Recent events have given new urgency to the longstanding questions about police tactics and oversight in the United States, questions that students and faculty at Stanford Law School continue to pursue. Calls to “defund the police” have raised complex questions about the role of law enforcement in areas such as mental health, homelessness, traffic enforcement and school safety. For example, in Fall 2020, in collaboration with the Stanford Center for Racial Justice and with the African American Mayors Association as our client, SCJC taught a policy lab to explore ways law enforcement might shift responsibilities to improve community safety and reduce harmful interactions between police and civilians. Also, at the request of the City of Berkeley, Stanford law students under the supervision of Professor David Sklansky and SCJC Executive Director Debbie Mukamal completed a major, comprehensive assessment of the advisability of arming police officers with Tasers or other “electronic control weapons”.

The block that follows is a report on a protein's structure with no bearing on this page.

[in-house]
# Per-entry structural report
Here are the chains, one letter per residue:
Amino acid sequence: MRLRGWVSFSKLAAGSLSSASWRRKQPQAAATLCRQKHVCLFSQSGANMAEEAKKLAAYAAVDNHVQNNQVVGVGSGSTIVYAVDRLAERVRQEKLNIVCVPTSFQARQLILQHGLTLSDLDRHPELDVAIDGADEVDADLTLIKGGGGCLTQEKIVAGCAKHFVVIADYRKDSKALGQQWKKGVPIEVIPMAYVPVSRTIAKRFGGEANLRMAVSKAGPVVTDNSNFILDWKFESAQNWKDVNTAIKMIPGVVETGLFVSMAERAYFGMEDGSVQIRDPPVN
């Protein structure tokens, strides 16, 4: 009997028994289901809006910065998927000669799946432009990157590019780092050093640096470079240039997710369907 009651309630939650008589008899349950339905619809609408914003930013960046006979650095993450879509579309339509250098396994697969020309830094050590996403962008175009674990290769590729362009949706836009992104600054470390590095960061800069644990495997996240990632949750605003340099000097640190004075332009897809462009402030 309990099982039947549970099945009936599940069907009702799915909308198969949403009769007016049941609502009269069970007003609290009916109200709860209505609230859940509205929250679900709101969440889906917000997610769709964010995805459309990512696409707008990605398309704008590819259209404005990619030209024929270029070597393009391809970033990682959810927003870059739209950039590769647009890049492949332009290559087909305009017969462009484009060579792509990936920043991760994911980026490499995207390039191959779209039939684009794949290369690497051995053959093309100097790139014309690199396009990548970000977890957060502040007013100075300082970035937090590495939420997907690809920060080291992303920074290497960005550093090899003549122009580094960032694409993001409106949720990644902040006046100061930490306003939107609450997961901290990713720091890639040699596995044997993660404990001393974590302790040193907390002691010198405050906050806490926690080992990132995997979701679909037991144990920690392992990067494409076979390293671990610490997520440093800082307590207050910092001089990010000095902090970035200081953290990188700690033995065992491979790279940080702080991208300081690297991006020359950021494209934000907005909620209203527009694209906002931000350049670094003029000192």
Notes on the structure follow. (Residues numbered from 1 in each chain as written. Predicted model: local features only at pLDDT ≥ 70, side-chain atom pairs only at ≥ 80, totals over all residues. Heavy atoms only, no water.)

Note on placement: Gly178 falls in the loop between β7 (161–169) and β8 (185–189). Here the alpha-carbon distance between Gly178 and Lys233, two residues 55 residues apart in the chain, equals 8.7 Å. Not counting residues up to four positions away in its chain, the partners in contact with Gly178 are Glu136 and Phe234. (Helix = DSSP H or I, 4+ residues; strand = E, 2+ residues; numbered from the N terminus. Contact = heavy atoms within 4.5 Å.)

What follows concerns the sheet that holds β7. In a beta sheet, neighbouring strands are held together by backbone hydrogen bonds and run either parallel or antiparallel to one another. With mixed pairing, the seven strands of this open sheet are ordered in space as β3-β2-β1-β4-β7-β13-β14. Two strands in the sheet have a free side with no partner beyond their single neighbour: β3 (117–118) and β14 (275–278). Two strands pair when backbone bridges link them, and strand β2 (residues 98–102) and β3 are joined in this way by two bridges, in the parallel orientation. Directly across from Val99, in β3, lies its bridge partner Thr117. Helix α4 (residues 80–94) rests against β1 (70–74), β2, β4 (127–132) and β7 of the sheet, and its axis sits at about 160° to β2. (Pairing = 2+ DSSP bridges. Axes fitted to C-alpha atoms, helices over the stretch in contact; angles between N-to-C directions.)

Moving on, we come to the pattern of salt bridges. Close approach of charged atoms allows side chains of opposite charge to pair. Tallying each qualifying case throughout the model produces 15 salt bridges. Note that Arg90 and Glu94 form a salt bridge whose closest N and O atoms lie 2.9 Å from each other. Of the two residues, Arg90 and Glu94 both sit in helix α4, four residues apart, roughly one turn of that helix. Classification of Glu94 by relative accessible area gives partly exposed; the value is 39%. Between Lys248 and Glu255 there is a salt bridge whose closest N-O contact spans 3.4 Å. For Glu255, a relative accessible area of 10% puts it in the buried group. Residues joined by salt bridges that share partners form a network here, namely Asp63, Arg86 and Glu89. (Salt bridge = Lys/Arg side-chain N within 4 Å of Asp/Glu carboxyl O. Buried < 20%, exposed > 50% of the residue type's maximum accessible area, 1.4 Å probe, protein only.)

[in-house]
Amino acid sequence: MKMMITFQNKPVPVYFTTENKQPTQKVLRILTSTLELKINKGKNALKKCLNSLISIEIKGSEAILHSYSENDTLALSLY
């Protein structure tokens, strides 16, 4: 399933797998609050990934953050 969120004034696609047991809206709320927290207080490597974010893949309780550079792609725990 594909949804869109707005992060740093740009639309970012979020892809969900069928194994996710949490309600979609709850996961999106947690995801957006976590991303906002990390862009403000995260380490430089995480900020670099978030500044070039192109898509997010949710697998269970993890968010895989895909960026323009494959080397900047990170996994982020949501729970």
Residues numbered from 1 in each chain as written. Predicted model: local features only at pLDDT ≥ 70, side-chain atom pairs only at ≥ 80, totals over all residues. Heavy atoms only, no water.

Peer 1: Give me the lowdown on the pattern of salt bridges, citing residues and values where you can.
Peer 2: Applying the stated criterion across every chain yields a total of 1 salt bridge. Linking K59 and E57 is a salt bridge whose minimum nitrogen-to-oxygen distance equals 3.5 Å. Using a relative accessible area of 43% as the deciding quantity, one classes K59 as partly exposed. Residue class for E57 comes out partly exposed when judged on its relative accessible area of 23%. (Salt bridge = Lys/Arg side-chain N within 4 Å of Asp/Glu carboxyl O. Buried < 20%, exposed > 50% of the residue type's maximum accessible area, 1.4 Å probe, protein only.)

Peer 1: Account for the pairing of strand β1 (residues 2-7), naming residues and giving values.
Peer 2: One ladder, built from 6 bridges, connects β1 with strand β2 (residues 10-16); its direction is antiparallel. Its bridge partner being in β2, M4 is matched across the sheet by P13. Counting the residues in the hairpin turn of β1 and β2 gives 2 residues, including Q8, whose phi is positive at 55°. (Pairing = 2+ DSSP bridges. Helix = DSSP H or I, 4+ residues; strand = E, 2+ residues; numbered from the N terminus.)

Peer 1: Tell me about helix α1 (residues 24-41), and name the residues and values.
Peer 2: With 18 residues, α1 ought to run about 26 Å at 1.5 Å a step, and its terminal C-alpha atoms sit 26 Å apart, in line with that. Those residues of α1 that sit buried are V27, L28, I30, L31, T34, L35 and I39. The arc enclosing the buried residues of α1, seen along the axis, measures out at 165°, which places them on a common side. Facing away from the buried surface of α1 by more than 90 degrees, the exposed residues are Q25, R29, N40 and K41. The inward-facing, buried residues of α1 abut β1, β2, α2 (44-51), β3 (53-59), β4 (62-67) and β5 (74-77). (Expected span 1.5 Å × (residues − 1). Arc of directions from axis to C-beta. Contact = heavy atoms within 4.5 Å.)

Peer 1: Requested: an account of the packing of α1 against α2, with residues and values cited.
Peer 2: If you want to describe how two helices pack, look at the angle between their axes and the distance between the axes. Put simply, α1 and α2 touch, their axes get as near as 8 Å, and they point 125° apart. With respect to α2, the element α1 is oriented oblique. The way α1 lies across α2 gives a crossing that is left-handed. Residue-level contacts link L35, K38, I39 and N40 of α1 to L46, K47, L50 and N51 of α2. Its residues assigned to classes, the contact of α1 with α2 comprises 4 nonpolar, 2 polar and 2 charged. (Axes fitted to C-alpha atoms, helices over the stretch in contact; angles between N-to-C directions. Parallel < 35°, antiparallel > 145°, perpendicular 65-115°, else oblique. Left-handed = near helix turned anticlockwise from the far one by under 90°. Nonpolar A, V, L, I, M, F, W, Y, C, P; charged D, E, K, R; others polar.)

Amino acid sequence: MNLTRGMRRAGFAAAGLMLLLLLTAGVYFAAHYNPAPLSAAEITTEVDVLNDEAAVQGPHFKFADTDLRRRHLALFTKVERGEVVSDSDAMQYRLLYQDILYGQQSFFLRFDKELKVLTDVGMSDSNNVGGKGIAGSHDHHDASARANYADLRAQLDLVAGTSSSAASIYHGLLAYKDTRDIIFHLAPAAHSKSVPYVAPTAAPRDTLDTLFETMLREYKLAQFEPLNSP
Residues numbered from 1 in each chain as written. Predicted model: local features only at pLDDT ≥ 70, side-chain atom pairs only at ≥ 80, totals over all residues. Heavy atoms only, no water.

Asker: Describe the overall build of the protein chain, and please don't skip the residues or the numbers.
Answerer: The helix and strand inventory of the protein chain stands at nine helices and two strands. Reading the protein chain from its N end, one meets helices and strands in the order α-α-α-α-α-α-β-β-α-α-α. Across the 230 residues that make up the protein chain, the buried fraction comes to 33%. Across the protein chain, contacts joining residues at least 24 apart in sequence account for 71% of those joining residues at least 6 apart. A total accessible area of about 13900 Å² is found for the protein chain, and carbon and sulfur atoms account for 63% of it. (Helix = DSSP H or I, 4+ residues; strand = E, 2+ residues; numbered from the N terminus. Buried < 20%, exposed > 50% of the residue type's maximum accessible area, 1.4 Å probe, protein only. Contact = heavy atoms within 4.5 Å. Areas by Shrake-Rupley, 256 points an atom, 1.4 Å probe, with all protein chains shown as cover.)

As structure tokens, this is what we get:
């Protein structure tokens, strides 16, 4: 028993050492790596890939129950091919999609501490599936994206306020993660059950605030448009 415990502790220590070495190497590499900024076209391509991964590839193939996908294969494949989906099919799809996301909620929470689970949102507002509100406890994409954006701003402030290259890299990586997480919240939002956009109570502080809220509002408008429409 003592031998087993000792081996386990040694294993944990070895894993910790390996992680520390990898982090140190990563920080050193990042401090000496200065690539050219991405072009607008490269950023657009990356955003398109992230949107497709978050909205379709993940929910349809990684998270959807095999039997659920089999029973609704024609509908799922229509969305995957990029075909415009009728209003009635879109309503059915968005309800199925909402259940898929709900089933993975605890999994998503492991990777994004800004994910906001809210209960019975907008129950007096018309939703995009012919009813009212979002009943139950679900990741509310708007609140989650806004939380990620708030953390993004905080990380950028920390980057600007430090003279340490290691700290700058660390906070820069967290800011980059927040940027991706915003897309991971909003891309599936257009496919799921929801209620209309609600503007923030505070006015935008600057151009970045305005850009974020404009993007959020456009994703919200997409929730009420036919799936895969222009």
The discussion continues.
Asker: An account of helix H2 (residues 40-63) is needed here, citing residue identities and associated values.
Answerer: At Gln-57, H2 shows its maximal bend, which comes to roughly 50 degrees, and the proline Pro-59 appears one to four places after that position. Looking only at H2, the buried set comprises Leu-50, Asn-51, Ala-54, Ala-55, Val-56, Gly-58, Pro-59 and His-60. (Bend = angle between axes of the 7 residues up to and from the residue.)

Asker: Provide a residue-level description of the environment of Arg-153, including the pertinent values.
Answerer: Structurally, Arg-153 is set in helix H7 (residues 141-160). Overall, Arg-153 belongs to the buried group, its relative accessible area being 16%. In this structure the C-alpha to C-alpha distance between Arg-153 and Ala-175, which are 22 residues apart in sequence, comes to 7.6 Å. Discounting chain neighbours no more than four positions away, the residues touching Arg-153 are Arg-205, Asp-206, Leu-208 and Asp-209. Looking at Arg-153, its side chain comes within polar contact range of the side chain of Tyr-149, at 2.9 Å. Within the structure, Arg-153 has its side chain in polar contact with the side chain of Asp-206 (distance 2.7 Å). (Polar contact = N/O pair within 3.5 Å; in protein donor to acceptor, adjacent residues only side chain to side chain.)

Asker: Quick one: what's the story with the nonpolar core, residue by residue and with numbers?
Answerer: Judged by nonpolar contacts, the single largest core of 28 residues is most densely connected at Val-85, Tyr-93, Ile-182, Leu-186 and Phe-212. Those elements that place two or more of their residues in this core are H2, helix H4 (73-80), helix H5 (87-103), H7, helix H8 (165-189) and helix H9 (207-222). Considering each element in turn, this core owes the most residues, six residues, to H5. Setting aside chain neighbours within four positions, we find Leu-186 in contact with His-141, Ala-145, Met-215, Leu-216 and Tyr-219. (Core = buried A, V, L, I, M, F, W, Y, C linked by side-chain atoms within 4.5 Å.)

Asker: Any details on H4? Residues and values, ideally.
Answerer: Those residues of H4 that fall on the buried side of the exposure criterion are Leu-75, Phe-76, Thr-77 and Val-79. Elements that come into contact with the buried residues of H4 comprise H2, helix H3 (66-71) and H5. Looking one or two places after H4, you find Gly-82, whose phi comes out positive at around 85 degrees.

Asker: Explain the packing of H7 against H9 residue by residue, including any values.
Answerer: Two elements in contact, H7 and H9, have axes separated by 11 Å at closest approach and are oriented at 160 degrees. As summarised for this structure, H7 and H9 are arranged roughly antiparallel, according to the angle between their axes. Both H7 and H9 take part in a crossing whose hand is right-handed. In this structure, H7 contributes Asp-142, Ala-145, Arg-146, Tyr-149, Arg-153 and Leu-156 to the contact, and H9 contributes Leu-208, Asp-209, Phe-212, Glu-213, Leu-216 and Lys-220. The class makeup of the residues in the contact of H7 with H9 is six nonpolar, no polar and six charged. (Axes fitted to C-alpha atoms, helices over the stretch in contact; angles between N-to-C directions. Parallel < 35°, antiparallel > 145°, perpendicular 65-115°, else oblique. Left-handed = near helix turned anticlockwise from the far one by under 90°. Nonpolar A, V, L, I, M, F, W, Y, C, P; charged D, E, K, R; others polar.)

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Safety Beyond Policing: Promoting Care Over Criminalization

This report has two main goals: to review innovative alternatives to traditional policing that have been implemented in cities nationwide, and to propose feasible reforms that are cost effective and that further public safety. The report’s premise is that police intervention need not and should not be the default response to every social ill, from drug addiction to unlicensed street vendors to misbehavior of youth.

Read Full Report

Report on Electronic Control Weapons (ECWs) Submitted to the City of Berkeley

At the commission of the Berkeley City Council, Stanford Law School 3Ls Jena Neuscheler and Akiva Freidlin, under the supervision of Professor David Sklansky and Debbie Mukamal, authored a major report on the use of electronic control weapons (aka tasers) by police departments.

Read the report here

See the presentation

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